Step 1: Identify the Soft Skills Most Important to Your Business
- Review your business goals to identify the skills your employees need to achieve those goals.
- Analyse job descriptions in your business to identify the skills that are required for each role. This will identify hard skills, but soft skills are also often included.
- Consult with your employees and their managers as both are valuable resources when it comes to identifying the skills that are most important to your business. Ask them about the skills they think are essential to their roles and the business as a whole.
Step 2: Identify Skills Gaps and Decide Topics
The next step is to identify and grade the skills gaps in your organisation. This involves analysing the skills of your employees and matching those with the skills you identified in the first step, i.e., the skills most important to your business.
There are three main ways to identify the highest priority skills gaps:
- Ask employees about the soft skills they would like to see improved, both in relation to themselves and their colleagues.
- Ask managers about the soft skills they think could be improved in their team.
- Conduct assessments to check the competency levels of employees. You can do this through a questionnaire, for example, a quiz, or an e-learning-based scenario assessment.
Once you have identified the skills gaps that currently exist, you then need to prioritise them so you can decide on the e-learning training topics that you will create.
Step 3: Create Soft Skills E-Learning Courses
This step involves creating the training. There are off-the-shelf soft skills training courses available, but it is always better to have a customised solution. Learners are more engaged with training that they can relate to because it has been tailored to make it relevant to their everyday experiences and the realities of operations in your business.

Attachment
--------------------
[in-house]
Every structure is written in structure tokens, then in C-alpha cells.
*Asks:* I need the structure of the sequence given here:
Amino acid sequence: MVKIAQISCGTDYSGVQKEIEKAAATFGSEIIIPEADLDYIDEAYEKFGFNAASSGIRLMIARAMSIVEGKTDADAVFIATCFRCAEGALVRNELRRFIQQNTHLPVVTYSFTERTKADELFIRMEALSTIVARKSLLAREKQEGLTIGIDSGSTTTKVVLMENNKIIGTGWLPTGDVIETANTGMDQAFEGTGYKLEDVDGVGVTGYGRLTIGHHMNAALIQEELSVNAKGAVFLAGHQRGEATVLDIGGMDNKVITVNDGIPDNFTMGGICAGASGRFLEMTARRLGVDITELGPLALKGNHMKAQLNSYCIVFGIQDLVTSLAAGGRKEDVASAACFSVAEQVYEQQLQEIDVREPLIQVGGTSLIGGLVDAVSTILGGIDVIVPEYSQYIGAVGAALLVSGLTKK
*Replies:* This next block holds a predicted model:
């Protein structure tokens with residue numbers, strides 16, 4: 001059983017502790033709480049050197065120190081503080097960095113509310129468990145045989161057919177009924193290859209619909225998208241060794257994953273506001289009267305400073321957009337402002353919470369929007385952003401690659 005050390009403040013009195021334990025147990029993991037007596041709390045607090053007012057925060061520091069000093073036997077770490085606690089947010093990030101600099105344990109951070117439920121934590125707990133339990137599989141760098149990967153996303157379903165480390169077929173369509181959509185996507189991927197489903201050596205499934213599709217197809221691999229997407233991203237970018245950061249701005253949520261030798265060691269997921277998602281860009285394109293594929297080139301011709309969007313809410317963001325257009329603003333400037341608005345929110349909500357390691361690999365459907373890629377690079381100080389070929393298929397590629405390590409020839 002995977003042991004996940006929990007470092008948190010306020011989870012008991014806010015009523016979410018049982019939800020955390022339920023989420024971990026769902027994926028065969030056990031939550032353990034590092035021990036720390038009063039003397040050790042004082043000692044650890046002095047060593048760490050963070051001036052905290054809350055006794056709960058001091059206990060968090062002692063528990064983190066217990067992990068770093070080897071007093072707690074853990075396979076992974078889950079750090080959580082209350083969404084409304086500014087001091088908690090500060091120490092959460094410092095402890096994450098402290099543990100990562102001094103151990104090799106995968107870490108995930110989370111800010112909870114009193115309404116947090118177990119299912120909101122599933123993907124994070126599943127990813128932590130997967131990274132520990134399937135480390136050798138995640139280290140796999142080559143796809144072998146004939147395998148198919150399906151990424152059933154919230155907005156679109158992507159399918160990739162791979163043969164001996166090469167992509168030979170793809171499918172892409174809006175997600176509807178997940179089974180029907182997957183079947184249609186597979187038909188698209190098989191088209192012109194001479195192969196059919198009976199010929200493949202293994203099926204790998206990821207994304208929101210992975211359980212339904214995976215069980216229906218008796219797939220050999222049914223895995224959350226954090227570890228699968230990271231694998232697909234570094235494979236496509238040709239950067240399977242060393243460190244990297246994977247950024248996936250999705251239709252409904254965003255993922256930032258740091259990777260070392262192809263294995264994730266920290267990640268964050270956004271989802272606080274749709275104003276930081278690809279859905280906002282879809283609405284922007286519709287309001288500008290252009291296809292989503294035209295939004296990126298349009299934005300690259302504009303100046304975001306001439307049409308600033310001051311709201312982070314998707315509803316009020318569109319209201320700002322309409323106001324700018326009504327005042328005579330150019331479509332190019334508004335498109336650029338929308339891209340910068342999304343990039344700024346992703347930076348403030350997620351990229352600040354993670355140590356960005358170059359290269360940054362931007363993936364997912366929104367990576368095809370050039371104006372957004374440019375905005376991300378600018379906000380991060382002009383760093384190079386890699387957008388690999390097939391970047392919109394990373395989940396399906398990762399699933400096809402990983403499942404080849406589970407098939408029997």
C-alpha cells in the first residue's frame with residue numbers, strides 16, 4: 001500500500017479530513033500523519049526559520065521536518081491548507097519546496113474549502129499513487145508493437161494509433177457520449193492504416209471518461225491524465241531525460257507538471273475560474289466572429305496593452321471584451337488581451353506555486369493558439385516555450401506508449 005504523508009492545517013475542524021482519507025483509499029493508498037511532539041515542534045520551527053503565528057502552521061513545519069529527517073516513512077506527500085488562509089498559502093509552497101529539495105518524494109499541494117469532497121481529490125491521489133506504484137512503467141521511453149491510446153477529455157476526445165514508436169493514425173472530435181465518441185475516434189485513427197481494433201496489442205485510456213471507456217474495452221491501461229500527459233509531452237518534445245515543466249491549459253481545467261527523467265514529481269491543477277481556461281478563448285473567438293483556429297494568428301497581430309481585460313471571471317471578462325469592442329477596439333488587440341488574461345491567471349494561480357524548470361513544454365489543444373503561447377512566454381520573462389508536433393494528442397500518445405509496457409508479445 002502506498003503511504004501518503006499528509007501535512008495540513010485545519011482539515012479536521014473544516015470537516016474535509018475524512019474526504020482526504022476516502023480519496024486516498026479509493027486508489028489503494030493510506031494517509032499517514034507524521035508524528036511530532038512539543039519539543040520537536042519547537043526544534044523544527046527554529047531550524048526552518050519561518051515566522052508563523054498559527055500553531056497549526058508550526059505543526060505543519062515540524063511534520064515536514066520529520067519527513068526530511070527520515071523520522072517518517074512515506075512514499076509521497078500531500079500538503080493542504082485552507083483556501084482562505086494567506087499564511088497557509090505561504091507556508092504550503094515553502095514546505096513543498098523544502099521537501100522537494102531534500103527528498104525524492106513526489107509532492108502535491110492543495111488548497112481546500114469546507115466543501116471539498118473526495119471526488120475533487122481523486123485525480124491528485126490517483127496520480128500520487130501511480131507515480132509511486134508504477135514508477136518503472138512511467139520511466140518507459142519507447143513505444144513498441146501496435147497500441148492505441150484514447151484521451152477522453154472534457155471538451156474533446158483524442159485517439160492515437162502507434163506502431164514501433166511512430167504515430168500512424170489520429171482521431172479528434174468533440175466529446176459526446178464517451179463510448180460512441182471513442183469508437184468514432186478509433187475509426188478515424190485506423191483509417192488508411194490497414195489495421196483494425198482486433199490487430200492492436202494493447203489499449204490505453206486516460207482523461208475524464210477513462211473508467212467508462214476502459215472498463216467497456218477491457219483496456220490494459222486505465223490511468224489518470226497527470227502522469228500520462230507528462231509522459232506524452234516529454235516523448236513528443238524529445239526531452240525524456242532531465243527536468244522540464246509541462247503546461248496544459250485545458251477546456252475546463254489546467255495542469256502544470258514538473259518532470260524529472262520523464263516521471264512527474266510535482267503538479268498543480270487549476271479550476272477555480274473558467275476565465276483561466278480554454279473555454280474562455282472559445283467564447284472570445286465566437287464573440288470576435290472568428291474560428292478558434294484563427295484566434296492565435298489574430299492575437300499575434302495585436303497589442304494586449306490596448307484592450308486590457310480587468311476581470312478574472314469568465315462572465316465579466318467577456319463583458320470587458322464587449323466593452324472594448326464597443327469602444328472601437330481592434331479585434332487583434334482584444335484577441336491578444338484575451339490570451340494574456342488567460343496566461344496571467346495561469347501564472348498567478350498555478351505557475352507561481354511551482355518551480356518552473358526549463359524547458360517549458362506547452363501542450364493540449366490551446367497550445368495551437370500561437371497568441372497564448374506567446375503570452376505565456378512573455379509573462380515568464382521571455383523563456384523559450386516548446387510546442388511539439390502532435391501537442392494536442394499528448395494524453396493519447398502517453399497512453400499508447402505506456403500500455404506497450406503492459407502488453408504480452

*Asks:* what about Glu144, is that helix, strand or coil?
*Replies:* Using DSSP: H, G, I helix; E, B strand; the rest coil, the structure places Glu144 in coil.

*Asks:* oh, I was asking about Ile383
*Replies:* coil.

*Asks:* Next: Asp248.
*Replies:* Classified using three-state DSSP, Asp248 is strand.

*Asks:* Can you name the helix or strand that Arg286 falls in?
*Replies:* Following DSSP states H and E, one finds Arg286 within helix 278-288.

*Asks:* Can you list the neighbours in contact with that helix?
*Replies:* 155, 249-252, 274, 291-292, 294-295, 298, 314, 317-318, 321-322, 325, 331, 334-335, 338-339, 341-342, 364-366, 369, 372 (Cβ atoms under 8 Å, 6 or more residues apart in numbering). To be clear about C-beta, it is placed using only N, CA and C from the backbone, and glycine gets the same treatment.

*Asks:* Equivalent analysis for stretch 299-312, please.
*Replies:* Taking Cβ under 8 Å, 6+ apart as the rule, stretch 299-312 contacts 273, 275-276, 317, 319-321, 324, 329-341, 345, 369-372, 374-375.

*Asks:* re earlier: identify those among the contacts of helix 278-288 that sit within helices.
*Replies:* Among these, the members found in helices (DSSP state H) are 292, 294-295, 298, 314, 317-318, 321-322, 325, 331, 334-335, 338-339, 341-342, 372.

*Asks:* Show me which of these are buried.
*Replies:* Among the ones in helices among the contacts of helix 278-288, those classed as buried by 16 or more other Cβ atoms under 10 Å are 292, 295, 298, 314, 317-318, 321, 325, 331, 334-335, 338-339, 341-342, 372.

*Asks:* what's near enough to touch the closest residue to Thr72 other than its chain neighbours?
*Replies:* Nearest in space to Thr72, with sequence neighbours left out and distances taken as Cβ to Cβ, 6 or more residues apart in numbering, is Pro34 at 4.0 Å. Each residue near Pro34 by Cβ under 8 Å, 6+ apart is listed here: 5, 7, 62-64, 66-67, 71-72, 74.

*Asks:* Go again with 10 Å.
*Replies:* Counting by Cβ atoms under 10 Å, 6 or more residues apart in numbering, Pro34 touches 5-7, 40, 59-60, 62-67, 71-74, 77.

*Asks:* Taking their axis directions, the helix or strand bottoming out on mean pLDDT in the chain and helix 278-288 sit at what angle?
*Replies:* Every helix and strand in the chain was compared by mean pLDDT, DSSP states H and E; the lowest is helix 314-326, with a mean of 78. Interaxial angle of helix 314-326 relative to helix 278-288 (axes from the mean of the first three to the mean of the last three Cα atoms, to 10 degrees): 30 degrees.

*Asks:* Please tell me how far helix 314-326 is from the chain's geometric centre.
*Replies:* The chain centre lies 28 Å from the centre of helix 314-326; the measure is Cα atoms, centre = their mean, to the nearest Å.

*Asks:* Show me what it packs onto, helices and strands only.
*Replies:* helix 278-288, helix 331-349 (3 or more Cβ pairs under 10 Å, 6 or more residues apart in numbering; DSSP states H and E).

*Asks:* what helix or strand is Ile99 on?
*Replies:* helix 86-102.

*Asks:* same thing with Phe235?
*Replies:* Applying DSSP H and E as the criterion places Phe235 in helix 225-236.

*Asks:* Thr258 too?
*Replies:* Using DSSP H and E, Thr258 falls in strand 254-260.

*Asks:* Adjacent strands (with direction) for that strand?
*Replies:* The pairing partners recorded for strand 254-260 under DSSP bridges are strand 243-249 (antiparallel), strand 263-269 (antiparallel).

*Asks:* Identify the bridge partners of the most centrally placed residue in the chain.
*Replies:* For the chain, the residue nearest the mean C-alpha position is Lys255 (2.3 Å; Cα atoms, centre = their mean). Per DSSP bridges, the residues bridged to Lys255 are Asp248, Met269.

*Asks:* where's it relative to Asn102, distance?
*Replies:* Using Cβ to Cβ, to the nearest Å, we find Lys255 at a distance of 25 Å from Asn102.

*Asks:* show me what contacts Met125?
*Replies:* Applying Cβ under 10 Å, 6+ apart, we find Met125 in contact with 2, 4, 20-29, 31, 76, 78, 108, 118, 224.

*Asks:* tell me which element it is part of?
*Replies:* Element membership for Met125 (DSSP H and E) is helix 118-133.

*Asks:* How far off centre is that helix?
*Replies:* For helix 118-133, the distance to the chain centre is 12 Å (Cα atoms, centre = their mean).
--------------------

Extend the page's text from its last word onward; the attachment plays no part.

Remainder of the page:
Therefore, it’s important to identify the right partner to create your customised soft skills e-learning courses. You then need to make the training as engaging and relevant as possible with scenarios and other training tools, as well as various forms of media.
Step 4: Follow-Up and Feedback
The final step is to ensure you follow up and provide feedback to learners. Speaking to managers is an important part of this process to ascertain whether employees are using the skills and information they have learned. You might also need to provide refresher courses as well as training opportunities for those who want to develop appropriate soft skills even further. More advanced leadership training is one example.
Whatever the Approach, Don’t Neglect Soft Skills
The above steps outline a highly effective strategy for developing soft skills training and raising levels of competency in your business. Whatever approach you take, the most important message is to make sure you don’t neglect soft skills training. Even the best, most highly trained, and experienced members of staff can benefit from soft skills training, so it should be part of your overall strategy.